“FPGAs can be used to ‘super-charge’ virtual machine applications while saving on power, making them an excellent fit for the NFV industry,” said Francis Chow, vice president and general manager of the Communications Business Unit at Altera. “At the same time, FPGAs can reduce capital and operational expenditures, speed service and improve product introduction times for NFV applications, providing a more efficient solution.”
NPV uses IT virtualisation technologies to virtualise entire classes of network node functions into building blocks that may be connected, or chained, to create communication services. Altera will join working groups inside the OPNFV to enable expand the use of FPGA accelerators in virtual machines running different software and processes on top of industry-standard, high-volume servers, storage and cloud computing infrastructure.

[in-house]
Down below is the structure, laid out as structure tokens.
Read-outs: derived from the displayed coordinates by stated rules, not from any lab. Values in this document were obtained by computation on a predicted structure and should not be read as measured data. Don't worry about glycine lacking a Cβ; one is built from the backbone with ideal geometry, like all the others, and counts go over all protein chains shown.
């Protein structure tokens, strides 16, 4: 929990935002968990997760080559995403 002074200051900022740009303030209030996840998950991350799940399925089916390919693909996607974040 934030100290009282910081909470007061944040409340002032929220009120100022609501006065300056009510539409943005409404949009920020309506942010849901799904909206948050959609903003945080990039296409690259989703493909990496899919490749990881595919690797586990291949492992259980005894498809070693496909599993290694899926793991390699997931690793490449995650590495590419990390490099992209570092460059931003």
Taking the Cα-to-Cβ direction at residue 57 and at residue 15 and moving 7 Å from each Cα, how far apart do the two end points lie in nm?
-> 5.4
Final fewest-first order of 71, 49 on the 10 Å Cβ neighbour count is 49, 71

FPGAs act as accelerators by offloading compute workloads, using less power than general-purpose graphics processing units (GPGPUs) and central processor units (CPUs) —which helps data centres reduce energy usage. FPGA- and SoC-based solutions are already accelerating servers in the data centre in search and convolutional neural networks applications.
“OPNFV is about collaboration from a diverse group of players from across the industry to craft an open platform that we can all use to accelerate NFV” said Heather Kirksey, director, OPNFV.
Initial interest in working with the OPNFV (the projects adds) has come from the network service provider community, including OPNFV founding members AT&T, China Mobile, NTT DOCOMO, Telecom Italia and Vodafone, among others. In addition, other industries such as the financial services industry, large enterprises and cloud service providers are showing interest as their needs for NFV.
Open Platform for NFV is a carrier-grade, integrated, open source reference platform intended to accelerate the introduction of new products and services using NFV; www.opnfv.org